2. Arin & Kestrel’s relationship
This isn’t your usual romance. Theirs is a complex love that doesn’t blossom overnight — yay, no instalove! — but it also sneaks up on you in a way. You get a sense that they have grown fond or used to each other, but you don’t know if or when it’s ever going to manifest into something else until it does. The problem comes with the issue of slavery. While they have these feelings for each other, the question remains on if it’s real if the other doesn’t have the true freedom to choose. Can you really love your master? They both know that a relationship between them won’t be true unless they are both equal. Unfortunately for them, neither of their societies don’t see them as such.
What I really loved about the book was that even though at the heart of the story it’s a romance, neither Arin or Kestrel allows their relationship to dominate their common sense. In the midst of their feelings, there’s a war and it is a very real threat. Both have high stakes in this game of love and war: family members, friends, loyalty to one’s country. It’s complicated. It’s not so easy for them to run away from their responsibilities to be with each other, and that’s what makes their relationship so fascinating and complex. There’s no right or wrong answer and, as a reader, it makes it more unpredictable.
3. The Setting
I love how The Winner’s Curse feels both Fantasy and Historical at the same time. The women wear gowns equipped with daggers, are allowed to fight in the army and have influence. The society lives for lavish balls, duels, high social gatherings and gossip. They are in no way technologically advanced since they rely on lanterns and horse or boat travel. It’s one of those books where I’m not exactly sure what genre it would fall under. Let’s shelve it on the Awesome Shelf, shall we? Because that’s essentially what it is and that’s the only thing that matters to me.
If you’ve read other reviews that mention the world building a little lacking, it’s true. However, this did not bother me and I think it’s less apparent with the audio version. I got such a great feel for the culture, that didn’t get a sense that I was missing anything. It seems to me, based on how The Winner’s Curse ended, that that’ll be elaborated more in books 2 and 3. So I’m not too worried in that respect. There’s was enough going on without having the geographical locations of all cities thrown into the mix.
Kestrel isn’t your usual heroine. She’s not a Katniss or a Rose or even a Tris because she’s not a fighter. That’s not to say she is weak by any means, but she’s different. She, instead, is one of the smartest heroines I’ve read about. What she lacks in fighting skills, she more than makes up with her mind. She is sharp and even her father, a high official in the army, notices her tactical mind. He urges her to enlist and use her talents to help her country. However, Kestrel doesn’t have any interest in joining the army and is faced with marrying, another choice she dreads making.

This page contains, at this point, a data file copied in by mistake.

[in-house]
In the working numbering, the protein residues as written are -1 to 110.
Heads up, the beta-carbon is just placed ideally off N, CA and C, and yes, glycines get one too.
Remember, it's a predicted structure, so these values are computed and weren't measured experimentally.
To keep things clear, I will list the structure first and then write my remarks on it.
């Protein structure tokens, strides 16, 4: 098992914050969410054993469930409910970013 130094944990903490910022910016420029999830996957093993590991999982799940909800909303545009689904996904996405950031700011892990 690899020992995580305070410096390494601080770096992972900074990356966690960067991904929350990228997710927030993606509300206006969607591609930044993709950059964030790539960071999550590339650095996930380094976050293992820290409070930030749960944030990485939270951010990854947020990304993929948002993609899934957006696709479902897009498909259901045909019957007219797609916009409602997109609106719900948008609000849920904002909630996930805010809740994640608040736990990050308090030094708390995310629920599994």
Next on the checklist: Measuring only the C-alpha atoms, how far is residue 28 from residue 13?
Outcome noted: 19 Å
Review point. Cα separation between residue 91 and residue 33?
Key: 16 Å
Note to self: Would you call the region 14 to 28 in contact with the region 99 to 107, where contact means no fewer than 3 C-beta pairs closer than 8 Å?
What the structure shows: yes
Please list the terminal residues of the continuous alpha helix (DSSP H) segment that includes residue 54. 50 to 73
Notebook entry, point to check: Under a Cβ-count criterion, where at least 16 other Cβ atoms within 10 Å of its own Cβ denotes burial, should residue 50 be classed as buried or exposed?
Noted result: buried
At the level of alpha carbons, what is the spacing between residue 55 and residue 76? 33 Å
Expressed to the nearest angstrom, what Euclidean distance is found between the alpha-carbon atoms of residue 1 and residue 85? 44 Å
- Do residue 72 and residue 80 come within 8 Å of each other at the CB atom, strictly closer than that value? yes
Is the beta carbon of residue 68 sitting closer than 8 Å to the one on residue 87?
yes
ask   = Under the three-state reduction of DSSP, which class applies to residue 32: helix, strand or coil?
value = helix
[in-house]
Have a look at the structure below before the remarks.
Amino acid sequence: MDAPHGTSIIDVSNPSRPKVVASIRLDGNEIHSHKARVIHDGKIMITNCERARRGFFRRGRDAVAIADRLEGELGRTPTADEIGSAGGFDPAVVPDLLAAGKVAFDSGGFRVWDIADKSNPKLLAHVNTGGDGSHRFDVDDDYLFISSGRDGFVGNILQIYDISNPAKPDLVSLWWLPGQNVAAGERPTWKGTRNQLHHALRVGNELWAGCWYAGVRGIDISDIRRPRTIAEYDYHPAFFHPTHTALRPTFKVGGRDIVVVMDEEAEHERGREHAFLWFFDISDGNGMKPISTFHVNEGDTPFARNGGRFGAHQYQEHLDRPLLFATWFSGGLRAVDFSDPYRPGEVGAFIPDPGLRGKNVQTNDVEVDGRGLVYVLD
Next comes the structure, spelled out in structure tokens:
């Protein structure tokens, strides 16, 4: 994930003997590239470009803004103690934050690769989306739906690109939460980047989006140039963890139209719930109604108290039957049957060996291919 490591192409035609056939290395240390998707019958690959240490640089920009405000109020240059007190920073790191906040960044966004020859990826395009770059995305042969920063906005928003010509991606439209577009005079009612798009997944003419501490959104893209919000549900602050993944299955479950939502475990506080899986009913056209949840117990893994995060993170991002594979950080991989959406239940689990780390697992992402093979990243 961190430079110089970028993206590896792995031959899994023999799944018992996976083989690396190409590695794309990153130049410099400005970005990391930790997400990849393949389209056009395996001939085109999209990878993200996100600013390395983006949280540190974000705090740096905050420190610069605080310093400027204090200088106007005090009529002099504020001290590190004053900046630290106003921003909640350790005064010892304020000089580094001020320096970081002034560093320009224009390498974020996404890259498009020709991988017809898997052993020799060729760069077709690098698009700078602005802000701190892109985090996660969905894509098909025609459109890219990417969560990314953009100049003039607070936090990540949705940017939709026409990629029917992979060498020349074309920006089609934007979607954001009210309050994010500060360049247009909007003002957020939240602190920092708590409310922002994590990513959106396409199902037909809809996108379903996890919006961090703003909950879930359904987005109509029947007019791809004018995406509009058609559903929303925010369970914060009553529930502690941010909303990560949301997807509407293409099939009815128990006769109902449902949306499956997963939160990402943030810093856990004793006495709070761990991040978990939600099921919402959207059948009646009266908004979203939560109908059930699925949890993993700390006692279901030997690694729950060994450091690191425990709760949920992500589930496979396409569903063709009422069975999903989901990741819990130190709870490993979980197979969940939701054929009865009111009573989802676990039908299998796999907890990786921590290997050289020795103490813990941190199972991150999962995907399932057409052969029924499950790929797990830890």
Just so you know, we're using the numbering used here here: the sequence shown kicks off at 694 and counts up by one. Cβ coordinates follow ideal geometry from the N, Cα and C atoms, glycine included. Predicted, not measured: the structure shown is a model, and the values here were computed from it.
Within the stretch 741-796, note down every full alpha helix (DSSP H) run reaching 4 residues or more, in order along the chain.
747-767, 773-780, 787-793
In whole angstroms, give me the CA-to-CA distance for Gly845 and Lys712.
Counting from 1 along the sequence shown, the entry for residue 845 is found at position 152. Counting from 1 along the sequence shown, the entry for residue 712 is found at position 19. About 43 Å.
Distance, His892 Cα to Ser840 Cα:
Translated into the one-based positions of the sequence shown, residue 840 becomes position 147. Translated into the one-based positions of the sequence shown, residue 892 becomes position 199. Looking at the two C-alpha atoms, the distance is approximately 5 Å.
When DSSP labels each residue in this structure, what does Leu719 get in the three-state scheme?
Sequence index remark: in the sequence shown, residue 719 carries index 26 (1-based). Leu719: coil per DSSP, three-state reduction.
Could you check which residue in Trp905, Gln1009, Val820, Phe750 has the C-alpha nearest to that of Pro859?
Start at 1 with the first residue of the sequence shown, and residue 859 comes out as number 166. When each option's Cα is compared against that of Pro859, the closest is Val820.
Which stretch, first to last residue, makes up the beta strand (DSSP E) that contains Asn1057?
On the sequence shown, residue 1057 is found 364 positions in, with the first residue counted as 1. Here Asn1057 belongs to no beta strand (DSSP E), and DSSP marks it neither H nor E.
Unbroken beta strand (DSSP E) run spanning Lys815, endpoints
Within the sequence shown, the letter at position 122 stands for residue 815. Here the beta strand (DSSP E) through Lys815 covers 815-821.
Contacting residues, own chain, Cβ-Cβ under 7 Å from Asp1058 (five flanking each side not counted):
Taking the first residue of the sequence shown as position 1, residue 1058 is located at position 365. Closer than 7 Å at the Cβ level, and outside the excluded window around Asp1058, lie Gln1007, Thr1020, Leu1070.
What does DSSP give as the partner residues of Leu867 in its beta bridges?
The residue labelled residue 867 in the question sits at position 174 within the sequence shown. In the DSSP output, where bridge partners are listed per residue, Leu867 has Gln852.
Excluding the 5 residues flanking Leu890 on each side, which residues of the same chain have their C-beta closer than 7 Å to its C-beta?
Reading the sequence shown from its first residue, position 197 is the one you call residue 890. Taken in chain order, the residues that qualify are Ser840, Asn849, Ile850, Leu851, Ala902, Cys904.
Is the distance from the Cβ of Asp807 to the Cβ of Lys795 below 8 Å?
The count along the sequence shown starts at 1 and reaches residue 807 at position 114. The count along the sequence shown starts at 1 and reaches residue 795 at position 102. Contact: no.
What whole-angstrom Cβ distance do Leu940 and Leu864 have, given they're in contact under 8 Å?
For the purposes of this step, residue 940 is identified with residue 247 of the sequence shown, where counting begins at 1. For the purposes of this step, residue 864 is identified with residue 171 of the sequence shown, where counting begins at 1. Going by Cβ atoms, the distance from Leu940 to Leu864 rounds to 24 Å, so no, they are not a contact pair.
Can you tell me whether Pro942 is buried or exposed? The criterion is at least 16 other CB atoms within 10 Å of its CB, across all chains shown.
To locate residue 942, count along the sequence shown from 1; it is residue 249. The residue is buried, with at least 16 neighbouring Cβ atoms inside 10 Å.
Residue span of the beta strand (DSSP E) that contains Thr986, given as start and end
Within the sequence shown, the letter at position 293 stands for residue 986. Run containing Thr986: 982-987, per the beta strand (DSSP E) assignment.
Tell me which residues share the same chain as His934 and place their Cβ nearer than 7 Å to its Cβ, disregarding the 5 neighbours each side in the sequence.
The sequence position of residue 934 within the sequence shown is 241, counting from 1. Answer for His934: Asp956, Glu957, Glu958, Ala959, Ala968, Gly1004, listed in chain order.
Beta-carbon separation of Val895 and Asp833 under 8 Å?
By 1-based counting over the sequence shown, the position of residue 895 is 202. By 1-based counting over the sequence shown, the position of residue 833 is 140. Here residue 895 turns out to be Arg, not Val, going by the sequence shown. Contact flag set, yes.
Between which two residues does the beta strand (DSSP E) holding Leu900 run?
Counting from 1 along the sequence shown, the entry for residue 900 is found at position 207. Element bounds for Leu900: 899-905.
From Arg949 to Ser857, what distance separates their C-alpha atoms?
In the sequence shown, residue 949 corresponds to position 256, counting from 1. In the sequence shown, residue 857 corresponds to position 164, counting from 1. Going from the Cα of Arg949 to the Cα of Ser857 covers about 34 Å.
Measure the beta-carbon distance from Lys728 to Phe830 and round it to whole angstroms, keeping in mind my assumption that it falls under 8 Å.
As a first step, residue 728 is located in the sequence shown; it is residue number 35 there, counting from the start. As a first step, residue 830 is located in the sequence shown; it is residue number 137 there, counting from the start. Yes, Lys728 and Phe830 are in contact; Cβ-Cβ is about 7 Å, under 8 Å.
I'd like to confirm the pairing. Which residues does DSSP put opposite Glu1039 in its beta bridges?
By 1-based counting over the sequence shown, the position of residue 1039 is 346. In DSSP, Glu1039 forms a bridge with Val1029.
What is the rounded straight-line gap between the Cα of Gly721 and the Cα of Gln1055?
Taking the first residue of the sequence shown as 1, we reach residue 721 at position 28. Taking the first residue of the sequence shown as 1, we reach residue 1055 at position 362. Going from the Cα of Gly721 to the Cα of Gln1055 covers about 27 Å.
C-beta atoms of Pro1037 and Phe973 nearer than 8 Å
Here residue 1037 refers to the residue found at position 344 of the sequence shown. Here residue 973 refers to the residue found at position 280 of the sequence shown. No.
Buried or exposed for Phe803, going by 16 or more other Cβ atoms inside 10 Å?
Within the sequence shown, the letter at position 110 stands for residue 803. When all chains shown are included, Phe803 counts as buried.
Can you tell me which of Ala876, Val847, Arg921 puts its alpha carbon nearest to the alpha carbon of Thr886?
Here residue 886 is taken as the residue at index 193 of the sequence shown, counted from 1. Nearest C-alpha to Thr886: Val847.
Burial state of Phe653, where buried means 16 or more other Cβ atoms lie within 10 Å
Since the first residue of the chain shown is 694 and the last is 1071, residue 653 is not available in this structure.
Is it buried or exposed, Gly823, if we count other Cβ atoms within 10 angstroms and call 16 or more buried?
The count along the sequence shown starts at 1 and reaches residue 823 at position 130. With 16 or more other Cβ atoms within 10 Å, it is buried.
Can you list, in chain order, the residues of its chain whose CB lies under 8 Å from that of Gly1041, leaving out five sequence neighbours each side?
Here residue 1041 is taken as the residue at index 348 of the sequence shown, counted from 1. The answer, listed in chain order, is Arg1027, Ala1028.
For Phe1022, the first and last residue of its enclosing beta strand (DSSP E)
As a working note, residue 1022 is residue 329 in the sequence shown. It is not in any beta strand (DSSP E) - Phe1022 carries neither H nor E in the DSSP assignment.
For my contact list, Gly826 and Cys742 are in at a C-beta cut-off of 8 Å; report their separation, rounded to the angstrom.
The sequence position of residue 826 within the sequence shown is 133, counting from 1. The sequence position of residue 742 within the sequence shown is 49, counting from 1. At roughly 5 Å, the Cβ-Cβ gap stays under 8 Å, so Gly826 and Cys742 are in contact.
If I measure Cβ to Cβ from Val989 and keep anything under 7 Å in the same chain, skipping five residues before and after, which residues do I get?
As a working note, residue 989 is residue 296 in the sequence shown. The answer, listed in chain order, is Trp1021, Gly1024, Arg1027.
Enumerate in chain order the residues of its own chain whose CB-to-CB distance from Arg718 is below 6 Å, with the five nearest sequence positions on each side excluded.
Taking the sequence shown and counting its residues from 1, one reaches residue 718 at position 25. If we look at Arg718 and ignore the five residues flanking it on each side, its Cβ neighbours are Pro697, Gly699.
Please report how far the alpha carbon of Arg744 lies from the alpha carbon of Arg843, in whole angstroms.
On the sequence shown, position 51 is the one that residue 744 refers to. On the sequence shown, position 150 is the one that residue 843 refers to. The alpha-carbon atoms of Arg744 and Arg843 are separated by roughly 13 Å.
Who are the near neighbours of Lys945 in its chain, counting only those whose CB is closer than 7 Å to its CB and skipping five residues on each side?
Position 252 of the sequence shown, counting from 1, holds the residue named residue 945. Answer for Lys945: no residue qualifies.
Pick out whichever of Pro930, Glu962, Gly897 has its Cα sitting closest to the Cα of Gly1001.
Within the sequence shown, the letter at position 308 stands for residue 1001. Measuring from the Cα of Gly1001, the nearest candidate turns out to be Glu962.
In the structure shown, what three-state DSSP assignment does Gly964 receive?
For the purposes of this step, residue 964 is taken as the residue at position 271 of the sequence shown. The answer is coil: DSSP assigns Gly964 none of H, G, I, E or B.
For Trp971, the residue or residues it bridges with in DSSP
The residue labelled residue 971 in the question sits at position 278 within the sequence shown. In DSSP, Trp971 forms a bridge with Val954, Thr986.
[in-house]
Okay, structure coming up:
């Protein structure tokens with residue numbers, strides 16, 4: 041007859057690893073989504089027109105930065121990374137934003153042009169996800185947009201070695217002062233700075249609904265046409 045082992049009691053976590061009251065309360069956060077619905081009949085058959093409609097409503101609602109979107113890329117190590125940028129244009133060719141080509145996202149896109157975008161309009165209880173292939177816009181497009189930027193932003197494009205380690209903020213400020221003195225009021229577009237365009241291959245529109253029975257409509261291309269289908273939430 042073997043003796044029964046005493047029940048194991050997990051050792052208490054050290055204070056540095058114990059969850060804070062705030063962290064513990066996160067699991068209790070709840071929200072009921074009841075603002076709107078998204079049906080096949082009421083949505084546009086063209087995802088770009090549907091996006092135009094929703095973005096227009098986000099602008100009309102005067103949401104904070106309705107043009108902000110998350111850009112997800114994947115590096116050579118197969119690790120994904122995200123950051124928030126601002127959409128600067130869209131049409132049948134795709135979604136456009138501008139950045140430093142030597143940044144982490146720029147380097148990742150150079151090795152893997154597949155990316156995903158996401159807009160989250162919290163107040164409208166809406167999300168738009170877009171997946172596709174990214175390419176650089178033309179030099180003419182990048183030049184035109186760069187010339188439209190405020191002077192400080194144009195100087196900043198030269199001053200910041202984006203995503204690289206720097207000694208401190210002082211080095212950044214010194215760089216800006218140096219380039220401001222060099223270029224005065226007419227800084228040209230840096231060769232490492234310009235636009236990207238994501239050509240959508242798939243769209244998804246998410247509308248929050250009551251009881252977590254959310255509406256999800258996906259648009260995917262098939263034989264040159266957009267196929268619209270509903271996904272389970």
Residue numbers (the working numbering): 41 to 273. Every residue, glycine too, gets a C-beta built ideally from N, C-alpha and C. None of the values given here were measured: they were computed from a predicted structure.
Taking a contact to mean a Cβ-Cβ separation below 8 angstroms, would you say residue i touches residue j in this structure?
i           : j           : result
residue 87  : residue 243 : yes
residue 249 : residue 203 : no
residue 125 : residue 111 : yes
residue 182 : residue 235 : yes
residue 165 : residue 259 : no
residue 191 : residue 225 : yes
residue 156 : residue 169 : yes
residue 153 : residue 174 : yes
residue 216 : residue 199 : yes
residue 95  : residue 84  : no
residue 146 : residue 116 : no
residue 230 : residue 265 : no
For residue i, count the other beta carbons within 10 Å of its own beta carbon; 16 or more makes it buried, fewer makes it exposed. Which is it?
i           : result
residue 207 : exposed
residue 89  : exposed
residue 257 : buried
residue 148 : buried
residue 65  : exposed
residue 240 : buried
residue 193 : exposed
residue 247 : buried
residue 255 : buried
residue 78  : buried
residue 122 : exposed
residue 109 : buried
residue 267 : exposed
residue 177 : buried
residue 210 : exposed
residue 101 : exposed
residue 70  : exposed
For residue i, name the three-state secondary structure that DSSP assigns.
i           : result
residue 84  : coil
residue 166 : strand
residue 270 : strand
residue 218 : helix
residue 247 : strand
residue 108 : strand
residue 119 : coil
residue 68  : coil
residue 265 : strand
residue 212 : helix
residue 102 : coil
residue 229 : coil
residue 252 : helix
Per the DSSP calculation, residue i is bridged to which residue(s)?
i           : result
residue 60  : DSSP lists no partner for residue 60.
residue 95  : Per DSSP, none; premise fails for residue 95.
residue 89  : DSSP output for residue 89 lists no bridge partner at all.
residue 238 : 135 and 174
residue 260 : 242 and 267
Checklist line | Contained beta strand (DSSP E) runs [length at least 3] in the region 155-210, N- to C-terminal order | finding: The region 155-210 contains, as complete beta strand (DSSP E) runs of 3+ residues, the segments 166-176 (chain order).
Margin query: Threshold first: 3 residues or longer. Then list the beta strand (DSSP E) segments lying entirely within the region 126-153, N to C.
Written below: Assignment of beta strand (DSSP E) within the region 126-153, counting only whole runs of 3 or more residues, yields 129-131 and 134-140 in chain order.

One of my favorite scenes with Kestrel involves a duel that she wins not by strength, but with strategy. She’s cunning and the type of character you’d want in a game of chess. Or if the zombie apocalypse came, Kestrel would be the one to come up with the plan to get to the safe house. She might not do you any good protection wise, but the plan would be solid.
She’s also fiercely determined. Kestrel knew her limitations, but still, she didn’t let that stop her from her goal. She would find unique ways around her problems that didn’t require brute strength or violence.
5. The Pier Scene
The first half of the novel may read slow to some, but then you hit the climax and everything from then on is pretty fast paced. It’s where Arin and Kestrel’s feelings for one another truly shine through despite the problems that arise. The tables turn and Kestrel finally understands Arin better, and because of what Arin went through for years, he doesn’t want the same for her. And the feels, the feels, the feels!
The Pier Scene, and even the one before when Arin sings to Kestrel, was easily my favorite scene in the book. I don’t even think there is much dialogue at that part, but wow. When Arin looks at Kestrel with that longing and she him with want, but resolve. It really emphasized how complex things were for them and it was so hard for me to read. I wanted one thing, but NHFHDJDBJFBFLFKDMGVDJBHJJVH!!!!!
Man, spoilers, I tell ya. I can say no more! But by the end it was like my soul was hurting from the emotional turmoil. Marie, why did you make me feel these things?
It’s no secret I loved this book, guys. I’m not sure what else to say but: THIS BOOK, READ IT.
Marie has generously donated three copies of The Winner’s Curse audiobook. Two will be given away here on this post and the other will be donated to Little Bloggers, Big Ambitions. They are also signed!